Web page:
|Professor Brian Cox|
Wonders of the Universe is a 2011 television series produced by the BBC, Discovery Channel, and Science Channel, hosted by physicist Professor Brian Cox. Wonders of the Universe was first broadcast in the United Kingdom on BBC Two from 6 March 2011. The series comprises four episodes, each of which focuses on an aspect of the universe and features a 'wonder' relevant to the theme. It follows on from Cox's 2010 series for the BBC, Wonders of the Solar System.
In one of the episodes of this wonderful documentary professor Cox tells how as a young man he was inspired by Carl Sagan's masterpiece Cosmos - Personal Voyage (1980) and how it affected his choice of profession. And indeed, Wonders of the Universe and the earlier Wonders of the Solar System are in a way scientific updates of Sagan's work introducing materials discovered since 1980. The globe jumping voyage from Arizona crater to Burkes shales and elsewhere is made possible by the legendary camera and editing skills of BBC, Discovery Channel and Science Channel combined and the result is truly spectacular!
The documentary is a summary aimed at general public of what is known in cosmic scale about the Universe and touches critical stages in the evolution of life on Earth. Constantly pleasantly smiling Cox obviously enjoys talking about these things and his clarity of thinking is admirable.
The narrative is strictly scientific and includes actually very little of Sagan's personal voyage style views on Philosophy and Theology. It is descriptive rather than interpretative and the amount of information provided in such an elegant manner is staggering.
Wonders of the Universe raises an important point concerning modern world view, Weltanschauung.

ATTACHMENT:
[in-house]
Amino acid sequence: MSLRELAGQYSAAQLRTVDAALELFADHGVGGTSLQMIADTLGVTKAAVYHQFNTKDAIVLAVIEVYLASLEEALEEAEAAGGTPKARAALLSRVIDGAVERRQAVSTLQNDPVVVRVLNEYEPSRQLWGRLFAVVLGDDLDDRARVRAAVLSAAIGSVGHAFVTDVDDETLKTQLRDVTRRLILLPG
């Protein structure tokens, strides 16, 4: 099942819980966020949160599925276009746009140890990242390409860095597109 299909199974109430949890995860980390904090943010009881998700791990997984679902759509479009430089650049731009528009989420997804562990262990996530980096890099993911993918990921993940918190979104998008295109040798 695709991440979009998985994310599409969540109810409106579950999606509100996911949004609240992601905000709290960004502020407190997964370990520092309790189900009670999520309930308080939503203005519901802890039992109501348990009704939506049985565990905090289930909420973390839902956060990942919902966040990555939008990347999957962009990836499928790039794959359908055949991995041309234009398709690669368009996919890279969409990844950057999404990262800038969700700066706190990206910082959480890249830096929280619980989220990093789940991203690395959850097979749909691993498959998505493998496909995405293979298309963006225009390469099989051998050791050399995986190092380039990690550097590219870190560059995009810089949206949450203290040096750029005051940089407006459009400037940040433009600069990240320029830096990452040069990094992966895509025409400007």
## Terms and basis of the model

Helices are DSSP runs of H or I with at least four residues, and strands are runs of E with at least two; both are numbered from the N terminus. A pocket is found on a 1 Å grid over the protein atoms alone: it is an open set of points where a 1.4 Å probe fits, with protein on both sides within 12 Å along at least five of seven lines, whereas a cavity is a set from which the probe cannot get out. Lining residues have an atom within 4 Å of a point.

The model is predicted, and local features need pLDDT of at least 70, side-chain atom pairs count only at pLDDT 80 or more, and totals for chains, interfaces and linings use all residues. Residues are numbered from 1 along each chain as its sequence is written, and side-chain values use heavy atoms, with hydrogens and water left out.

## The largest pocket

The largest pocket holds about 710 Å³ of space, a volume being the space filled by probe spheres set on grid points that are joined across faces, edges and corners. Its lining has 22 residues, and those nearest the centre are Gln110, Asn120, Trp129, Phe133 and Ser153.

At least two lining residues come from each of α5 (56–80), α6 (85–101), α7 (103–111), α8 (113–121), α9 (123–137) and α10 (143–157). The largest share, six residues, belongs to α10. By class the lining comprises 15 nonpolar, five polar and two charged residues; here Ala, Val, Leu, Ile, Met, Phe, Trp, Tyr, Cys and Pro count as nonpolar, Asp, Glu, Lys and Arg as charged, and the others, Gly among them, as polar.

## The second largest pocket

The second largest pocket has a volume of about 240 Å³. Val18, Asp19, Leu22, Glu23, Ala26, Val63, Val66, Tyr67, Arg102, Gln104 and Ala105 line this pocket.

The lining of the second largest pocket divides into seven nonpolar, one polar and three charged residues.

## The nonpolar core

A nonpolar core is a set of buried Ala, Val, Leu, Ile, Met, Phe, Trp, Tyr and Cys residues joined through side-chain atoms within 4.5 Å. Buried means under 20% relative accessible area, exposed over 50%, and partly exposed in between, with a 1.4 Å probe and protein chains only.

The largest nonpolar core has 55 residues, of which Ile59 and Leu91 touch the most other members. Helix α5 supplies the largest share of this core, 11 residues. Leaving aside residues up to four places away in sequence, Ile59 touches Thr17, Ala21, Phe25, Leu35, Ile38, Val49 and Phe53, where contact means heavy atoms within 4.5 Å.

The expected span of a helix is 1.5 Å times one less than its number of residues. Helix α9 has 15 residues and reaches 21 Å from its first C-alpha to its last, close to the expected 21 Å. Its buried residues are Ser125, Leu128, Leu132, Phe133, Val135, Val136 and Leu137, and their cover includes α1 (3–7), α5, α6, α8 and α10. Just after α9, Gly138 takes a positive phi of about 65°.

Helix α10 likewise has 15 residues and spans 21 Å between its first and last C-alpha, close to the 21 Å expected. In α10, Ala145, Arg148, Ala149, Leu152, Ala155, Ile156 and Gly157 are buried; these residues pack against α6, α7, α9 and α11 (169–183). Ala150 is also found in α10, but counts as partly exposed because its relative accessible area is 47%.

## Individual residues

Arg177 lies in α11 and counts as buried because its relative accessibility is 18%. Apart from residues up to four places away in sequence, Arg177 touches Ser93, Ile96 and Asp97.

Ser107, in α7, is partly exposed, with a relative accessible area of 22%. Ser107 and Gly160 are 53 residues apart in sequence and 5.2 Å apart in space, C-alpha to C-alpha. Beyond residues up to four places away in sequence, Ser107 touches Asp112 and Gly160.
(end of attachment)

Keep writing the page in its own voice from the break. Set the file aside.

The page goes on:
A comprehensive world view (or worldview) is the fundamental cognitive orientation of an individual or society encompassing the entirety of the individual or society's knowledge and point of view. A world view can include natural philosophy; fundamental, existential, and normative postulates; or themes, values, emotions, and ethics.
The term is a calque of the German word Weltanschauung, composed of Welt ('world') and Anschauung ('view' or 'outlook') It is a concept fundamental to German philosophy and epistemology and refers to a wide world perception. Additionally, it refers to the framework of ideas and beliefs forming a global description through which an individual, group or culture watches and interprets the world and interacts with it.
It has been said that for many Science has replaced Religion and that people like Carl Sagan, Stephen Hawking and Brian Cox are the priests of modern age explaining to us the nature and meaning of reality on the basis of proven facts rather than metaphysical concepts and belief systems. In short, they represent scientific worldview that can be discussed factually as well by an Atheist as a person adhering to any religion.
But here is the catch: the spectacular documentary shows God's wonderful works of creation without mentioning Him. This leaves the story incomplete and one gets the feeling of professor Cox glossing over the crucial questions of understanding what he is talking about.
Take, for example, the wonderful Cambrian fossil fields in Burkes Shale on the mountains near Vancouver Canada. Evolutionary Big Bang, as Cox explains, perhaps caused by evolving life starting to see light. The complex eye of trilobites is something that biologists and paleontologists can study with all their tools and yet nobody really has the answer as to why anything evolves.
Scientific worldview alone is not satisfactory to the deepest yearnings of humans to understand the world they live in. This marvelous document is an outstanding proof of that and shows that man is more than some people like to think.